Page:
We cause offence
Following the lead of the liberal bourgeoisie, the dominant section of the left takes a ‘free speech, but ...’ approach. Jack Conrad defends the unrestricted right to organise, strike, assemble … and speak
Free speech is vital for the working class and socialism. Why? Socialism can only be an act of self-liberation for the great majority, by the great majority. Therefore it follows that the working class cannot be treated as a little child who has to be guarded against awkward, stupid or simply downright horrible ideas. No, the first condition for self-liberation is self-knowledge - impossible without the “unrestricted freedom of speech and the press”.1
Great revolutions of the past - such as Holland 1566, England 1642, America 1776 and France 1789 - were carried out in the interests of a minority. But wider sections of the population had to be mobilised, had to be turned into a social battering ram, if success was to be gained. That necessitated hiding real aims, making extravagant promises and telling lies.
However, the workers’ revolution, the communist revolution, is different. Not only is the socialist commonwealth a prelude to general freedom, it is synonymous with popular control from below, which by definition requires honesty, clarity, the fullest access to information, and free and open debate. In short, we need the truth.
Of course, the truth can rarely be established without a long, often bitter fight. Even with astronomy, biology, geology, physics and the other ‘pure’ sciences, that is the case. Appearance and essence interpenetrate, but never neatly correspond. So moving, striving towards the truth always takes considerable time and considerable intellectual effort. Sometimes it is called genius.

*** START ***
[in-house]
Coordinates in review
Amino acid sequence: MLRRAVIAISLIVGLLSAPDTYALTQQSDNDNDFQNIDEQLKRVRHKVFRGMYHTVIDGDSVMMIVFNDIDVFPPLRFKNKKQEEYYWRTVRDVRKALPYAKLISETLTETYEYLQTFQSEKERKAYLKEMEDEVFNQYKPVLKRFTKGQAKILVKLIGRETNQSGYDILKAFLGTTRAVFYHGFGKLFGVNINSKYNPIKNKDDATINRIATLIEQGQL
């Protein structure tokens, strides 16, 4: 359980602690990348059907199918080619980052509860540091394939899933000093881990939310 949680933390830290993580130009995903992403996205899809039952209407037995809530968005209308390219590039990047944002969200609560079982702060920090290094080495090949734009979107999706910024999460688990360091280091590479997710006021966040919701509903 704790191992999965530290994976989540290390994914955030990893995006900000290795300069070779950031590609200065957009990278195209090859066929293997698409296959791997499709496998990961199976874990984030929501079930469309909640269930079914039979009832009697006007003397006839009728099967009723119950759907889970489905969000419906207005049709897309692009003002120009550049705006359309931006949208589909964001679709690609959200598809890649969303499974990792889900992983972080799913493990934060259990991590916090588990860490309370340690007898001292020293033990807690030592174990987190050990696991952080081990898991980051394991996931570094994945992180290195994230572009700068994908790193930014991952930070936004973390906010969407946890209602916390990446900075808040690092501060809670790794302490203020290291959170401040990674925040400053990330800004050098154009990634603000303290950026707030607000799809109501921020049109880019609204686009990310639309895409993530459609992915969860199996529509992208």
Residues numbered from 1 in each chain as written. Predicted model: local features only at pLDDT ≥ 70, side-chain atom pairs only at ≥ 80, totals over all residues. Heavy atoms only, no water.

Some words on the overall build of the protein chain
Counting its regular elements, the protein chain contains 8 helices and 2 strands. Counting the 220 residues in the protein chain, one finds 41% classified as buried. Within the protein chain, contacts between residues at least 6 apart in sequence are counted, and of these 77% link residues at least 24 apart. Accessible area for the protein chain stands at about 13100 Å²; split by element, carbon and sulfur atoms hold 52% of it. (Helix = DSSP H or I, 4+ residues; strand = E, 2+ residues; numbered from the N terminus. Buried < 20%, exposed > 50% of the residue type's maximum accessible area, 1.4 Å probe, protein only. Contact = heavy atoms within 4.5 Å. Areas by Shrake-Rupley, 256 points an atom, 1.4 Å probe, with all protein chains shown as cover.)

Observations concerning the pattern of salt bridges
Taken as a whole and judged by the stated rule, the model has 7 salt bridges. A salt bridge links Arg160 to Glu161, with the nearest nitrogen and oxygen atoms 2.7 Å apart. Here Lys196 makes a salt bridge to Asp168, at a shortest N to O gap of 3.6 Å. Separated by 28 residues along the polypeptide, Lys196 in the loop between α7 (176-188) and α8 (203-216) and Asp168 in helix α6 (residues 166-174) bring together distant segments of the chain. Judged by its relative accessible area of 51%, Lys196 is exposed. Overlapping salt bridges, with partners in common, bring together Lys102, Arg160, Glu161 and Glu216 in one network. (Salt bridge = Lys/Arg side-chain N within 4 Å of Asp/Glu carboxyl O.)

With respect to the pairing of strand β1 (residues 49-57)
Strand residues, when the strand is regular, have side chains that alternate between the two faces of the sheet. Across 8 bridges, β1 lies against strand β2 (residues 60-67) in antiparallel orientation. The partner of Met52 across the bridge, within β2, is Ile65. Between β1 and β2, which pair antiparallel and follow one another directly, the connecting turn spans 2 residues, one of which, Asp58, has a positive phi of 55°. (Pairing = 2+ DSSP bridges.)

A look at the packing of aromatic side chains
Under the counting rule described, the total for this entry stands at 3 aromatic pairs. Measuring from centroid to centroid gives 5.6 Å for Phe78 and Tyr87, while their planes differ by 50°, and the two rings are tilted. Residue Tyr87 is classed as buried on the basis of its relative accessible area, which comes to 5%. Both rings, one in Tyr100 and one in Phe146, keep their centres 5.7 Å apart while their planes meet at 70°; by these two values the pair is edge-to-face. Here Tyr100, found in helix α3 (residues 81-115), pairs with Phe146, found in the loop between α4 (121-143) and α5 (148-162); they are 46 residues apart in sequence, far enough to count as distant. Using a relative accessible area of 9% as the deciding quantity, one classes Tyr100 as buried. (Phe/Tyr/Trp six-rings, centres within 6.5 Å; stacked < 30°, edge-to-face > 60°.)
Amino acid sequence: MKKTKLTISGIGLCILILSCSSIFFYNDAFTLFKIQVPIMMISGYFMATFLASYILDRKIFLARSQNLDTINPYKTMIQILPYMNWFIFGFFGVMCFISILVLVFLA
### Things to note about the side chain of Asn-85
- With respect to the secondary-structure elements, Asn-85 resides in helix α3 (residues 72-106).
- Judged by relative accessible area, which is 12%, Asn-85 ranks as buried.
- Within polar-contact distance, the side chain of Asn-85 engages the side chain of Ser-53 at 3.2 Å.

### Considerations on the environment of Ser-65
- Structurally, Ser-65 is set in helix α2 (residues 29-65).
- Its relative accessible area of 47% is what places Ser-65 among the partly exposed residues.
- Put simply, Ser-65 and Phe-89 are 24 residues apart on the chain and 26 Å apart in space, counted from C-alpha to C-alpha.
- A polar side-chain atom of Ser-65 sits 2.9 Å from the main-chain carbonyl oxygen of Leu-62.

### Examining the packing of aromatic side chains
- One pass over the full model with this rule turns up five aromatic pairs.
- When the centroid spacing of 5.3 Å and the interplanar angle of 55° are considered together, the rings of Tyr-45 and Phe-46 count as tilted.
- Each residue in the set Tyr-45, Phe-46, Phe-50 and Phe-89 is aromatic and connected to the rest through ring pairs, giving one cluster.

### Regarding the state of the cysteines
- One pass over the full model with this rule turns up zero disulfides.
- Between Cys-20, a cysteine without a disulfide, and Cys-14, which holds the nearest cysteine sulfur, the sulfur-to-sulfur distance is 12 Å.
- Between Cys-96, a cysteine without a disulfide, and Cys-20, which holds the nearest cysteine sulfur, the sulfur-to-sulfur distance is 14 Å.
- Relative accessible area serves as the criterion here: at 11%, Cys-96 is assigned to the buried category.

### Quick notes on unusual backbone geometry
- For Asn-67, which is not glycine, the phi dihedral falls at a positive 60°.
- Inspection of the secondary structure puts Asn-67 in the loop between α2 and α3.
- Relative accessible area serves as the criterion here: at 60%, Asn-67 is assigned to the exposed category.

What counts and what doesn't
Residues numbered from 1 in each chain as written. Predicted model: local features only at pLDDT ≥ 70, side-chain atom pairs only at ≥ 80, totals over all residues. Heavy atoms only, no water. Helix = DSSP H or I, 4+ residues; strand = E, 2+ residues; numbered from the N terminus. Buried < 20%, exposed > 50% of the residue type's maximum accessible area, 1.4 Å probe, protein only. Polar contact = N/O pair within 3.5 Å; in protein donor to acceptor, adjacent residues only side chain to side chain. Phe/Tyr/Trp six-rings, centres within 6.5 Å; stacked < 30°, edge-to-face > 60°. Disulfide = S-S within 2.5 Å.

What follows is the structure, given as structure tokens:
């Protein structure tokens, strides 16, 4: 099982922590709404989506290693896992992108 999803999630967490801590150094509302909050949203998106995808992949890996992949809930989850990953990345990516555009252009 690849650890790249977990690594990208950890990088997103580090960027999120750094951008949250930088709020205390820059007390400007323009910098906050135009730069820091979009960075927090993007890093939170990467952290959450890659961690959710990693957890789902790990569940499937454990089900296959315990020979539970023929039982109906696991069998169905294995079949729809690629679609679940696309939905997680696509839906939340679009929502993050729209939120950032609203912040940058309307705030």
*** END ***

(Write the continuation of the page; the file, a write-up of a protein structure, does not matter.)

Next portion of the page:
Meanwhile, vested interests, those with a reputation to lose, the naturally conservative conduct a stubborn, rearguard action - do everything in their power to sideline, block or silence bearers of new, revolutionary discoveries and insights. Nicolaus Copernicus, Galileo Galilei, René Descartes, William Harvey, Edward Jenner, Johannes Kepler, William Paley and Charles Darwin all faced campaigns of disinformation, ridicule and non-publication, if not outright persecution.
That being the case with the ‘pure’ sciences, it is perfectly understandable that campaigns of disinformation, ridicule and non-publication, including outright persecution, are magnified a thousandfold when it comes to Marxism. Why should that be so? The answer is hardly difficult to fathom. Marxism is disloyal to all existing states and their constitutions; Marxism is committed to superseding the market; Marxism is committed to ending the ecological destruction wrought by the M-C-M' imperative. Marxism threatens billionaires, monarchs, established churches, the secret state and the military top brass. Marxism opposes the confessional sects, quack reformers and dead-end sectionalism. Marxism upholds principle and rejects soggy compromises. Marxism fights for extreme democracy and working class socialism.
Though a tiny minority, the bourgeoisie begins with a great advantage. The dominant ideas in capitalist society are the spontaneously generated ideas of the bourgeoisie. Exploitation is uniquely concealed behind what Marxists call commodity fetishism. Capitalists are often admiringly believed when they boast that they are society’s wealth-creators. Money, profit, wage labour and the freedom to work endless hours are all considered perfectly natural by wide swathes of the population. Marxism therefore has to hack through the thicket of ‘common sense’.